Mozilla breathes petition-of-fire at EU copyright laws

A plague on artists using pre-internet IP laws to ruin your holiday snaps, and the Internet

Eiffel Tower at night with lightshow <a href="http://www.shutterstock.com/gallery-308986p1.html?cr=00&pl=edit-00">Brian Kinney</a> / <a href="http://www.shutterstock.com/editorial?cr=00&pl=edit-00">Shutterstock.com</a>
The Eiffel Tower. Brian Kinney / Shutterstock.

The Mozilla Foundation has decided the time is right to scorch the European Union's copyright law, which it says “undermines innovation and creativity on the internet.”

Mozilla's beef includes a lamentation of the EU's lack of a universal fair use law, which it says means “In some parts of the EU, making a meme is technically unlawful.” It also says “It’s illegal to share a picture of the Eiffel Tower light display at night” and feels the copyright on the light display, and the fact that tourists don’t have the artists’ express permission to reproduce it, is absurd.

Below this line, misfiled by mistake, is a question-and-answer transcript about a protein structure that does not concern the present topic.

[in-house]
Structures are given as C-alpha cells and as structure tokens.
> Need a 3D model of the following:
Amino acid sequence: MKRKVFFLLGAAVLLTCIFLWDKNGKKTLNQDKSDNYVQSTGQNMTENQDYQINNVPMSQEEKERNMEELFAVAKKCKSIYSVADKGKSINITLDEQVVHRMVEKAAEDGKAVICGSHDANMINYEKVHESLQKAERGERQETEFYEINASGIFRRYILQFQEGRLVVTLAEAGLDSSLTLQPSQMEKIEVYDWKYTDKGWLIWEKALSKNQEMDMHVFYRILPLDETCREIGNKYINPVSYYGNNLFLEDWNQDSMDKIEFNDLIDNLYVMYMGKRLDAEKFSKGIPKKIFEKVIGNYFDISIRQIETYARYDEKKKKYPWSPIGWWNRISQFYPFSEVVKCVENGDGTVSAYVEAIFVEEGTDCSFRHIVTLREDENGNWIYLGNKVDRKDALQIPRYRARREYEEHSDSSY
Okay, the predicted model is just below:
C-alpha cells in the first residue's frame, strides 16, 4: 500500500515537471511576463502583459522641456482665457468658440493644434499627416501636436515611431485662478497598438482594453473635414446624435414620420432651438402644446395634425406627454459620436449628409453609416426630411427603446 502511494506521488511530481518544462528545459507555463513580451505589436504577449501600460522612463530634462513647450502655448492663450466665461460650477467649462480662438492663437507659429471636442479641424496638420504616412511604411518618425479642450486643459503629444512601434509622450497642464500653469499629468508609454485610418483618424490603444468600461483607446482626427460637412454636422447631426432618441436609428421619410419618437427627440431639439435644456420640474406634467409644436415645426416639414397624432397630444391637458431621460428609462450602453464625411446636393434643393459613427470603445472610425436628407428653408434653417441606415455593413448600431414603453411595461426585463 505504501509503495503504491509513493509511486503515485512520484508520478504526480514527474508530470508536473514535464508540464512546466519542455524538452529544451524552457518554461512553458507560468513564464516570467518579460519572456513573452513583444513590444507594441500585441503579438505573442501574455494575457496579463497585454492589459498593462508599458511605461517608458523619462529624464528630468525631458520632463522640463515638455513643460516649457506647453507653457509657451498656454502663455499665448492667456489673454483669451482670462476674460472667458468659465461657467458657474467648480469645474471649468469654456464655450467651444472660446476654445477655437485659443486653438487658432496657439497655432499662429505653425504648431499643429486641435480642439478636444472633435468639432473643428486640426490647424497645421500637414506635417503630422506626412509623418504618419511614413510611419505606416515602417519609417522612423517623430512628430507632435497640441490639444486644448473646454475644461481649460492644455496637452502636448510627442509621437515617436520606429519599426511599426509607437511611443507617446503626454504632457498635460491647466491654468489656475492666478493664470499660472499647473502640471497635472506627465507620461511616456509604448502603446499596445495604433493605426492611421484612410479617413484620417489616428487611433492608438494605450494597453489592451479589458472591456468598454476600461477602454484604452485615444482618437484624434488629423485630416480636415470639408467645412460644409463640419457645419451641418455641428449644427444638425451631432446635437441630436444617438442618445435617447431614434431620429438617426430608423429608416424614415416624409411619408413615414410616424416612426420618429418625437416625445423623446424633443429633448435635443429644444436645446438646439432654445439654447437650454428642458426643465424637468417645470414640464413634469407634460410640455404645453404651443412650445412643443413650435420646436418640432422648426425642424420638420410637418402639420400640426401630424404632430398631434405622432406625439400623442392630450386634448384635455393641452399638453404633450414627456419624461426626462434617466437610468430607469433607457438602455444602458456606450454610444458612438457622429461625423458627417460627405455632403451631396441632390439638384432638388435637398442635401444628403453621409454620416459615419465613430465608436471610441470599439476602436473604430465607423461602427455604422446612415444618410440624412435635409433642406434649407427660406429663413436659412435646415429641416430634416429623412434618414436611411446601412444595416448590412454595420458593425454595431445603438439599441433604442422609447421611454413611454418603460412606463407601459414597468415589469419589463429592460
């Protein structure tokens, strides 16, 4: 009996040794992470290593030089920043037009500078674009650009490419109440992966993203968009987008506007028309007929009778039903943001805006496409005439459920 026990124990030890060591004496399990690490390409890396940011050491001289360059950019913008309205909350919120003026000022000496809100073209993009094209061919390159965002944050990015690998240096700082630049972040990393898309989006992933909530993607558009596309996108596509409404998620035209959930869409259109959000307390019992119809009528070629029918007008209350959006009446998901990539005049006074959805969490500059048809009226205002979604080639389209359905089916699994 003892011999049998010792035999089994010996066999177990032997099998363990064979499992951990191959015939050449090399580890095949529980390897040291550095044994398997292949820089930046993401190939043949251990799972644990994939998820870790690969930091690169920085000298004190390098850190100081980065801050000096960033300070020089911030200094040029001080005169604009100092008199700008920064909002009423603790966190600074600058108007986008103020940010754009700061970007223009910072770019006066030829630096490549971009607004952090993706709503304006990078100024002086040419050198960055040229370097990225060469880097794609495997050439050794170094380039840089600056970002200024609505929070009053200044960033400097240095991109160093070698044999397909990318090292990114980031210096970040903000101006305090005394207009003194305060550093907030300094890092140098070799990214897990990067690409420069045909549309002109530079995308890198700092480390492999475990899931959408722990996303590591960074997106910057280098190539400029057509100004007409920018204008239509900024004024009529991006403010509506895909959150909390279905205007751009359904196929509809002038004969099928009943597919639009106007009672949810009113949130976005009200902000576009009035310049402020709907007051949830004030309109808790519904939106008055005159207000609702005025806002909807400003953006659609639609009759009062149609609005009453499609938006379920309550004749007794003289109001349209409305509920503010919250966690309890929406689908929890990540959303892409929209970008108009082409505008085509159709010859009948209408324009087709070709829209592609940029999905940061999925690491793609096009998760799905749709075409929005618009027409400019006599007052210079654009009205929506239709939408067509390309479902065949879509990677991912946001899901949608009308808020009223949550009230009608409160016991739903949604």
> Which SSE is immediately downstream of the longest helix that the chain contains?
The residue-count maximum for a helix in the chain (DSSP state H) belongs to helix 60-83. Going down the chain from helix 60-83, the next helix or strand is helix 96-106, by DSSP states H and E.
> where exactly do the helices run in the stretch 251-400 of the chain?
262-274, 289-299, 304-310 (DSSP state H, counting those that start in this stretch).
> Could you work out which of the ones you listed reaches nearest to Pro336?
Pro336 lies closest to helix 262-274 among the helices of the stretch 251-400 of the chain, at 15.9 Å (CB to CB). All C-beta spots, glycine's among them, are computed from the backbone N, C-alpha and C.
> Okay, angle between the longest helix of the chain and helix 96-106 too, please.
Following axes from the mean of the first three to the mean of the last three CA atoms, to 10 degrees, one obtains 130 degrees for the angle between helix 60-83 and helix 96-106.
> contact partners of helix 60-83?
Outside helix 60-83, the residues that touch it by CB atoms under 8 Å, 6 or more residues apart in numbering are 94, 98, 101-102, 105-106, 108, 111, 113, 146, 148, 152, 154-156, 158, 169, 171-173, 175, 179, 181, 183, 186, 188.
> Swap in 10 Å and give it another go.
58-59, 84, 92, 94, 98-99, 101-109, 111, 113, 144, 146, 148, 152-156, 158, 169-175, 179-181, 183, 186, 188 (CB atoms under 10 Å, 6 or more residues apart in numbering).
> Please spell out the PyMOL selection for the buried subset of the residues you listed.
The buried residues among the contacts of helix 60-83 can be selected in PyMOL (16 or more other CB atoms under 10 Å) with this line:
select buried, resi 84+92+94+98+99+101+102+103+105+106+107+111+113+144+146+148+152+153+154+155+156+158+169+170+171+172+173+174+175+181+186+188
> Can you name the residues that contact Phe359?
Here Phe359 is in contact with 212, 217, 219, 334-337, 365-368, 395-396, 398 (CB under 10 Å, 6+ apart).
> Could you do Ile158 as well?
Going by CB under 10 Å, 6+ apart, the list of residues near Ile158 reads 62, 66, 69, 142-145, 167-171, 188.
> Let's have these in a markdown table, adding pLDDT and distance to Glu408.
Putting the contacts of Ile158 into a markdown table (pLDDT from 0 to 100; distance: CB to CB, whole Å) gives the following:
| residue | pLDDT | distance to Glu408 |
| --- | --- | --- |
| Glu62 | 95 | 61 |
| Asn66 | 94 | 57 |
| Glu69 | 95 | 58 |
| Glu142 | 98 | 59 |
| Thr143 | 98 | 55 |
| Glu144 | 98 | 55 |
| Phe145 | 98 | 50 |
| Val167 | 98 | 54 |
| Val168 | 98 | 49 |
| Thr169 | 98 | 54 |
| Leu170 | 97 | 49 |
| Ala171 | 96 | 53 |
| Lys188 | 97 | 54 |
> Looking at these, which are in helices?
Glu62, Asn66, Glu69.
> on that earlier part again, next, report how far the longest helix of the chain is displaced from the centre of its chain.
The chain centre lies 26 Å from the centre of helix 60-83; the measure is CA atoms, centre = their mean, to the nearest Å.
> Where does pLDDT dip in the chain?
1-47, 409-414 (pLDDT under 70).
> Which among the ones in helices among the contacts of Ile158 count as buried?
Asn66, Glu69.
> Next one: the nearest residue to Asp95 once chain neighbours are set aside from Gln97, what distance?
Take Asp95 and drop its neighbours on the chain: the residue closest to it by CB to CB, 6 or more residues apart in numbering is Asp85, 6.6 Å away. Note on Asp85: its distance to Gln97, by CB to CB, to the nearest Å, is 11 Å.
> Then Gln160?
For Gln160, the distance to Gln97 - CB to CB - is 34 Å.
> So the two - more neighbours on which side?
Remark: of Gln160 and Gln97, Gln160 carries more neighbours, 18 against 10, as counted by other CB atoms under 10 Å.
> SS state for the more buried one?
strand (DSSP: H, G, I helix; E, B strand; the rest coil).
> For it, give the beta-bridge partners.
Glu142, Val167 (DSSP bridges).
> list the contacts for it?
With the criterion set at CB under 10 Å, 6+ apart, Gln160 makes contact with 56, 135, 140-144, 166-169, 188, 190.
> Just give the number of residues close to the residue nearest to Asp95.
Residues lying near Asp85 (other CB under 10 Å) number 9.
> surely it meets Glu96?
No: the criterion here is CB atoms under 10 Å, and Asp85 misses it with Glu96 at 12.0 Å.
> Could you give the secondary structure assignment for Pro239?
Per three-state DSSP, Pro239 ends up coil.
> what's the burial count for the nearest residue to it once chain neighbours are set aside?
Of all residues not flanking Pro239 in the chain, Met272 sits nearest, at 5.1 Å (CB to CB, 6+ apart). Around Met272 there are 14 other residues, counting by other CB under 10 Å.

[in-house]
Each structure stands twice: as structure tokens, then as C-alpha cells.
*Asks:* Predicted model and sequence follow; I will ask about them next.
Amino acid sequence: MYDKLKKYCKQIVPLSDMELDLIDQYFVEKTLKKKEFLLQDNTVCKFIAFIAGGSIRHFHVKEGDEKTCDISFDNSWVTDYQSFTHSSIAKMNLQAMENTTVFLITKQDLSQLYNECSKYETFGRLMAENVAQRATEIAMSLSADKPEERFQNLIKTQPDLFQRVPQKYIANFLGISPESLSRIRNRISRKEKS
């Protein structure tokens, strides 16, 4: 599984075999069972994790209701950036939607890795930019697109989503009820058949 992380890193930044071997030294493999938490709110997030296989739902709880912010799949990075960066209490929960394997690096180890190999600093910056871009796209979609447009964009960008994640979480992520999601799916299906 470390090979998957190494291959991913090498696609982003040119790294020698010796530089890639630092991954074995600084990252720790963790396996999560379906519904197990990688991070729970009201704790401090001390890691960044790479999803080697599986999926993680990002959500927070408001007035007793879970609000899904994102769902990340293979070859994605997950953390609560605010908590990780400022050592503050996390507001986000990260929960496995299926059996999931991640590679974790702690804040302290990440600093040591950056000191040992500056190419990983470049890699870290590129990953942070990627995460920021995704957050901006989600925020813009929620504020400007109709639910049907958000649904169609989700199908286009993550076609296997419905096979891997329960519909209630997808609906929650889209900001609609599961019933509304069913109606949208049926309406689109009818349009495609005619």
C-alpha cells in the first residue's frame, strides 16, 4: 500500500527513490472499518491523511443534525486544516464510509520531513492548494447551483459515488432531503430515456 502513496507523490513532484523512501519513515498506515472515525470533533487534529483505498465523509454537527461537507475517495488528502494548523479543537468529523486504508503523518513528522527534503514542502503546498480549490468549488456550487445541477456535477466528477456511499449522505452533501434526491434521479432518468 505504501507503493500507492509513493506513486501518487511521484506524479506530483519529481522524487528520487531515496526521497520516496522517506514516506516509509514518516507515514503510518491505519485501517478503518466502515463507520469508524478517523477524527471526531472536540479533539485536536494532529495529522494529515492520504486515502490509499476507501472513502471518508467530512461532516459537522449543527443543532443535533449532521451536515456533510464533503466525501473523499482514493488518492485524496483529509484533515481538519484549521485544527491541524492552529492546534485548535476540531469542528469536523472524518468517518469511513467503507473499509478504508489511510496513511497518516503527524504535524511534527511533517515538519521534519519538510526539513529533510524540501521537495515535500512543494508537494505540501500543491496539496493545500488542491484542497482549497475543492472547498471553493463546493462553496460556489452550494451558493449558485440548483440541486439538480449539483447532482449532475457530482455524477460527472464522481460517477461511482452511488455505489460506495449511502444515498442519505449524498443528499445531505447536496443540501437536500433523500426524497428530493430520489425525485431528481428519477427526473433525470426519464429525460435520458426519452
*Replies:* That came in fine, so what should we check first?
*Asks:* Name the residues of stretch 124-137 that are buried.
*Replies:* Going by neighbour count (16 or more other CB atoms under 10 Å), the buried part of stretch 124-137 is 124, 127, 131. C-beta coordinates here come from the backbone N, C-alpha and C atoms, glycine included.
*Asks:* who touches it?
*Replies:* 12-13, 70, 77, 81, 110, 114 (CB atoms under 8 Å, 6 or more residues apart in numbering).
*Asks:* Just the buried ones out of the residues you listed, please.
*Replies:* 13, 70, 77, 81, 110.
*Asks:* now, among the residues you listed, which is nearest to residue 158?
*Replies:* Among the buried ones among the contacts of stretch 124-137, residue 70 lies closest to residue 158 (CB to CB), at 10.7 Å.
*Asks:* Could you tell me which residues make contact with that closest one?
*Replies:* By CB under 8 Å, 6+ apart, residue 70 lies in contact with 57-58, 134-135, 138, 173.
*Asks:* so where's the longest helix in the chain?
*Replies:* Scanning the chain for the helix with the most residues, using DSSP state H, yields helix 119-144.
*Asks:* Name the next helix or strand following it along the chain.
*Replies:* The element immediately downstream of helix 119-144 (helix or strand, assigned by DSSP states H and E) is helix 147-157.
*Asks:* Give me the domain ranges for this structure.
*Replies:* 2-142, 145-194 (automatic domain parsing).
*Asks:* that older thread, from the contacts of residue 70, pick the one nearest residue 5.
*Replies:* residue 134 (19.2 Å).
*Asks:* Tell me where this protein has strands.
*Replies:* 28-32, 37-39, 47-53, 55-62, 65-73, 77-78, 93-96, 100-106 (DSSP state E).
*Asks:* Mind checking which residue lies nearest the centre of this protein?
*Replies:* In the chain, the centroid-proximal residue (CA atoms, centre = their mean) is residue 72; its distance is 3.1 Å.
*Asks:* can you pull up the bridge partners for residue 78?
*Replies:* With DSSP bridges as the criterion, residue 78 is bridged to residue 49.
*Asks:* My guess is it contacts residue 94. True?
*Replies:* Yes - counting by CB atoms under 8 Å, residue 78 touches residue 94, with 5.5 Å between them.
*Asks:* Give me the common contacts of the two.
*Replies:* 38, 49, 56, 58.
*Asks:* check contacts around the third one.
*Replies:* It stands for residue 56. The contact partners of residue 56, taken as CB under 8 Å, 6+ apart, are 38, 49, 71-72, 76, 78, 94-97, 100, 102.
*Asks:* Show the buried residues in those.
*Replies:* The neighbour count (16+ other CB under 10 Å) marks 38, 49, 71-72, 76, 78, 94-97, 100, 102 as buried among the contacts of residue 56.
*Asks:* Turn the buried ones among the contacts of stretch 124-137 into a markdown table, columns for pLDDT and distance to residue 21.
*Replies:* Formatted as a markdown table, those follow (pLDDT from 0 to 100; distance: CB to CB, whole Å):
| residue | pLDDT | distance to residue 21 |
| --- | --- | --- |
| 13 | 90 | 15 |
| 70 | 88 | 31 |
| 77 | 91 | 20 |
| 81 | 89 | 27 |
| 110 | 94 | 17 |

The organisation's desired remedies suggest it may be aiming at matters beyond copyright, as it says reasons EU laws need to change include the following:

“Some people are calling for licensing fees and restrictions on internet companies for basic things like creating hyperlinks or uploading content. Others are calling for new laws that would mandate monitoring and filtering online. These changes would establish gatekeepers and barriers to entry online, and would risk undermining the internet as a platform for economic growth and free expression.

Other changes the group hopes to bring about include “a User Generated Content (UGC) exception and a clause like an open norm, fair dealing, or fair use — to empower everyday people to shape and improve the internet. ” In Mozilla's ideal world EU laws would also change so that “Education, parody, panorama, remix and analysis shouldn’t be unlawful.”

Feeling outraged enough to click on something now? The petition is here. ®


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